The legendary Yeti may be a bear. Brian Sykes, an emeritus professor at Oxford University, tells the Associated Press that previously unidentified hair samples taken from what were thought to be Yetis appear to be genetically related to ancient polar bears.
In other parts of the world there are also stories of large, hairy, ape-like creatures that are called, alternatively, Bigfoot or Sasquatch.
The two samples — one was collected from India's Ladakh region about 40 years ago while the other was found in Bhutan some 10 years ago — closely matched DNA from a jawbone belonging to a Norwegian polar bear that is between 40,000 years and 120,000 years old.
"I don't think it means there are ancient polar bears wandering around the Himalayas. But... it could mean there is a sub-species of brown bear in the High Himalayas descended from the bear that was the ancestor of the polar bear," Sykes says, according to Discovery News. "Or it could mean there has been more recent hybridization between the brown bear and the descendent of the ancient polar bear."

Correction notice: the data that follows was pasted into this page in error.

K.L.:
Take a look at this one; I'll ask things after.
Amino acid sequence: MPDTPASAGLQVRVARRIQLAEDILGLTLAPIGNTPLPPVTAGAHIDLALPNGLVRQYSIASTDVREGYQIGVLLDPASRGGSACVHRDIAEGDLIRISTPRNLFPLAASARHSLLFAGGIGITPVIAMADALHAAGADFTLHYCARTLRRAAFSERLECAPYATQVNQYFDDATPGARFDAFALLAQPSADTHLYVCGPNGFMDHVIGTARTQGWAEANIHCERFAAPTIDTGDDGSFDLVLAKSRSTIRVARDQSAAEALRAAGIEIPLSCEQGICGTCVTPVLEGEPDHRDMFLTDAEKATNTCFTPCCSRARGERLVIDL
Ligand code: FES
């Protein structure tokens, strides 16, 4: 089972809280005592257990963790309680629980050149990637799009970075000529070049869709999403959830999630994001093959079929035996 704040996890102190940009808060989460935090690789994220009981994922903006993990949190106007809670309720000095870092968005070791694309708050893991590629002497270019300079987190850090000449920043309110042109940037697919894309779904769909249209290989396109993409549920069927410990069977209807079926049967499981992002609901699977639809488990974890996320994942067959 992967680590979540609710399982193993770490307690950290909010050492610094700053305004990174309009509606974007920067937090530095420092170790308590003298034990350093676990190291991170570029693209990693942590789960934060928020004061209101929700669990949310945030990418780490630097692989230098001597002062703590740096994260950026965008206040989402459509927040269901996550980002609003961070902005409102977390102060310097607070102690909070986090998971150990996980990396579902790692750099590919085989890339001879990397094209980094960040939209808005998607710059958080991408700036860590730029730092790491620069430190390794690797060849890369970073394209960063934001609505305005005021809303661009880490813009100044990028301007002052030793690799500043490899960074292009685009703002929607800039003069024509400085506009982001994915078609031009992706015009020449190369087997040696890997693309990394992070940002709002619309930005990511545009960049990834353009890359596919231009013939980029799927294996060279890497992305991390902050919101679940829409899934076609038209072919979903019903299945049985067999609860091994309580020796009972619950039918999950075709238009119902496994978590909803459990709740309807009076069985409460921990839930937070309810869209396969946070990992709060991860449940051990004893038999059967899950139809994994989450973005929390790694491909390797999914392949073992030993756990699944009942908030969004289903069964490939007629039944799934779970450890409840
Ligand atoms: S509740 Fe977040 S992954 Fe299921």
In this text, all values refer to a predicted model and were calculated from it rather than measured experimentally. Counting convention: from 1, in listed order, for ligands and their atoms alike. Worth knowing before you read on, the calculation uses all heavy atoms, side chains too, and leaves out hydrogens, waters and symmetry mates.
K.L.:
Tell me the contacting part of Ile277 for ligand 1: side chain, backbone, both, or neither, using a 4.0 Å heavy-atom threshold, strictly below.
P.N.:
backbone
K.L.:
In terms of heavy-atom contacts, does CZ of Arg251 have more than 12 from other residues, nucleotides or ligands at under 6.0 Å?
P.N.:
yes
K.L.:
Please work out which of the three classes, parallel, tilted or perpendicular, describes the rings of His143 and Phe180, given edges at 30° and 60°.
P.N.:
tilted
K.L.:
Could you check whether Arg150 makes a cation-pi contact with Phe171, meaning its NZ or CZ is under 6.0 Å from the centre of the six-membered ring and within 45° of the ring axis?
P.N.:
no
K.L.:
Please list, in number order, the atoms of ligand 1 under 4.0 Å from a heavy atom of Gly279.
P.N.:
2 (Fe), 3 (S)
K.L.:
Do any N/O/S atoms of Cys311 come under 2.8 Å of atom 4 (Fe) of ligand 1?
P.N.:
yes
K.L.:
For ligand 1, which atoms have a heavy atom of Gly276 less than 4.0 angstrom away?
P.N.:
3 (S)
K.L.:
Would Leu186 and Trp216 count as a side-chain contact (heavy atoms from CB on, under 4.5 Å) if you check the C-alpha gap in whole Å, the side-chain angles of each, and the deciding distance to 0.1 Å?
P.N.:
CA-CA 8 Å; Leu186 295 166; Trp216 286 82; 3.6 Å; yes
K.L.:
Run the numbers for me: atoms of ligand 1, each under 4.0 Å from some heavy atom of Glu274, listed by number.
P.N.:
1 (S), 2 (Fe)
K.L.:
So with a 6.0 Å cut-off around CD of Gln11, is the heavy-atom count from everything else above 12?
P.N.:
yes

Sykes has not published this work, LiveScience notes.
A Texas-based group recently said that its DNA analysis of North American Bigfoot samples indicated that they were a mix of human and an unknown hominin, leading them to postulate that Bigfoot is a human-primate hybrid. A separate analysis, though, showed the samples to be a combination of opossums and other species.
"What's different about the Sykes study is that he's using good science and genetic testing," Benjamin Radford, LiveScience's Bad Science columnist and deputy editor of Skeptical Inquirer, says, referring in general to other Yeti studies. "It is certainly much more plausible that a bear was mistaken for a Yeti than that there exists a giant, bipedal hominid race that no one has discovered!"